I'm not the one doing the equating. As stated, this is the consensus definition of intelligence among AGI researchers.

[-][anonymous]11y 1

I'd like to draw a distinction that I intend to use quite heavily in the future.

What for?

Great question. You should follow my blog since everything I post here gets downvoted below threshhold very quickly.

Consciousness measures an agent's ability to achieve personal goals in a wide range of environments.

Why use the word "consciousness" to describe this? This seems unrelated to most uses of the term.

This post deserves the downvotes it's getting - you're throwing around a lot of new terminology - "specified goals", "maximal goals", "personal goals " without explaining them. You also don't give a reason for why we should care about your post, beyond "it might be useful to understand some future posts on your personal blog.

If you have a clear idea of what you mean by "specified goals" vs. "maximal goals", why not stick to only explaining that - tell us what the difference is, why it matters, why we should care? Start with the basic building blocks instead of trying to encompass the whole of AI and Morality in a couple short posts.

I think that's the problem here: you're trying to tackle a huge topic in a few short posts, whereas Eliezer has previously tackled this same topic by posting daily for about a year, slowly building up from the bases.

[Edit: I had copied the wrong definition of "Consciousnes" in my quote]

Why use the word "consciousness" to describe this? This seems unrelated to most uses of the term.

Hardly. How else would you describe your consciousness? It's your personal awareness and it's focused on a small number of your goals. I'm using simple English in standard ways. There is no tricky redefinition going on here. If I'm going to redefine a term and use it in nonstandard ways (generally a very bad practice contrary to the normal habits of this site) I'll make sure that the definition stands out -- like the definition of the simple distinction between the three terms.

You also don't give a reason for why we should care about your post you're trying to tackle a huge topic in a few short posts,

As far as I can tell, this is contradictory advice. First, you want me to tell you why you should care about the distinction that I am drawing (which basically requires an overview of where I am going with a huge topic) then you hit me going the other way when I try to give an overview of where I'm going. I certainly don't expect to thoroughly cover any topic of this type in one post (or a small number of posts). Eliezer is given plenty of rope and can build up slowly from the bases and you implicitly assume that he will get somewhere. Me you ask for why you should care and then call it a problem that I tried. How would you handle this conundrum.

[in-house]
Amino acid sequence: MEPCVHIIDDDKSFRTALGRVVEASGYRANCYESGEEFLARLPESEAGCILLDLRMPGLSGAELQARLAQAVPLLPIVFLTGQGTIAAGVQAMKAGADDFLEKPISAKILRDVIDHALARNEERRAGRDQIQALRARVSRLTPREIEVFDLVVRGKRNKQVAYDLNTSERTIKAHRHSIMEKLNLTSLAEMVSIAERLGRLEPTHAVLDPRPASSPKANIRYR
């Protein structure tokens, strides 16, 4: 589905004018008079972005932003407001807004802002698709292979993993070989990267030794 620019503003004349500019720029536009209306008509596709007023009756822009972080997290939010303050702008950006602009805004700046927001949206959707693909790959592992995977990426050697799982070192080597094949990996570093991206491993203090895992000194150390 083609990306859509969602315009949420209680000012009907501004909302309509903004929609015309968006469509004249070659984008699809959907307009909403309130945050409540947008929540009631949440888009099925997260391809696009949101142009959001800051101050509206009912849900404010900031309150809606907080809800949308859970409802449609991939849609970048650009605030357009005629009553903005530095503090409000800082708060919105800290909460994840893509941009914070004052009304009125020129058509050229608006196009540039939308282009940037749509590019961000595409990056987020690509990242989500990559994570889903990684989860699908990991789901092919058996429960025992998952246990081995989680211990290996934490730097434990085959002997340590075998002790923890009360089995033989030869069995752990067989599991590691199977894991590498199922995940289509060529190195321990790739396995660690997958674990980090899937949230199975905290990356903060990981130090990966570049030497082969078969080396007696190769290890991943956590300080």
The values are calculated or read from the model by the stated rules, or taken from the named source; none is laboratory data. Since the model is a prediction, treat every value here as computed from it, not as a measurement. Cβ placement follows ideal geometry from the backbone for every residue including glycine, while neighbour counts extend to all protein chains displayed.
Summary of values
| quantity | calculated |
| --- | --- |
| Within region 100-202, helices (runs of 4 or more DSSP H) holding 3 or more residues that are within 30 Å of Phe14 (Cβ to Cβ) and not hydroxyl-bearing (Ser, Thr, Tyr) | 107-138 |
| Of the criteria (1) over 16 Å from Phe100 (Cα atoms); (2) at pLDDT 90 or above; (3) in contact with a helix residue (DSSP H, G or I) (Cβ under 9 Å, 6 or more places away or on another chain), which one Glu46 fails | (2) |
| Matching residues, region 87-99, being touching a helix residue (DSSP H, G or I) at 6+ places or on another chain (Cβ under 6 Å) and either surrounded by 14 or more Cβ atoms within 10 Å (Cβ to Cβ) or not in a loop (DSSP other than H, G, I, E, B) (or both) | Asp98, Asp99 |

(BTW, even though I'm debating your points, I do greatly appreciate your taking the time to make them)

As far as I can tell, this is contradictory advice. First, you want me to tell you why you should care about the distinction that I am drawing (which basically requires an overview of where I am going with a huge topic) then you hit me going the other way when I try to give an overview of where I'm going.

OK, I agree it might be somewhat contradictory.

I think there are two problems:

  • You're covering a large and abstract scope which lends itself to glossing over important details and prerequesites (such as clarifying what you mean by the various kinds of goals)

  • You don't give us many reasons for paying attention to your approach in particular - will it provide us with new insight? Why is that way of dividing "ways to think about goals" better than another? Is this post supposed to be the basic details on which you'll build later, or an overview the details of which you'll fill in later?

On Consciousness: Richard said it better than me; if you just said "an agent's ability to achieve personal goals in a wide range of environments.", I don't think people would translate that in their minds as "consciousness". Contrast your definition with those given on wikipedia.

Wisdom doesn't focus on a small number of goals -- and needs to look at the longest term if it wishes to achieve a maximal number of goals.

For the purposes of an AI, I would just call this intelligence.

Why? What is the value of removing a distinction that might just give you a handle on avoiding the most dangerous class of intelligences? If you're making it a requirement of intelligence to not focus on a small number of goals, you are thereby insisting that a paper-clip maximizer is not intelligent. Yet, by most definitions, it certainly is intelligent. Redefining intelligence is not a helpful way to go about solving the problem.

[-][anonymous]11y 0

Why? What is the value of removing a distinction that might just give you a handle on avoiding the most dangerous class of intelligences?

If an "intelligence" focuses on short term goals to the detriment of long term goals, then that would appear to be not very intelligent at all.

But this is arguing over semantics, so I'm going to stop here. I suppose you can define words any way you like, but I question the utility of those definitions. I suppose I'll have to wait to see what you're drawing the distinction for.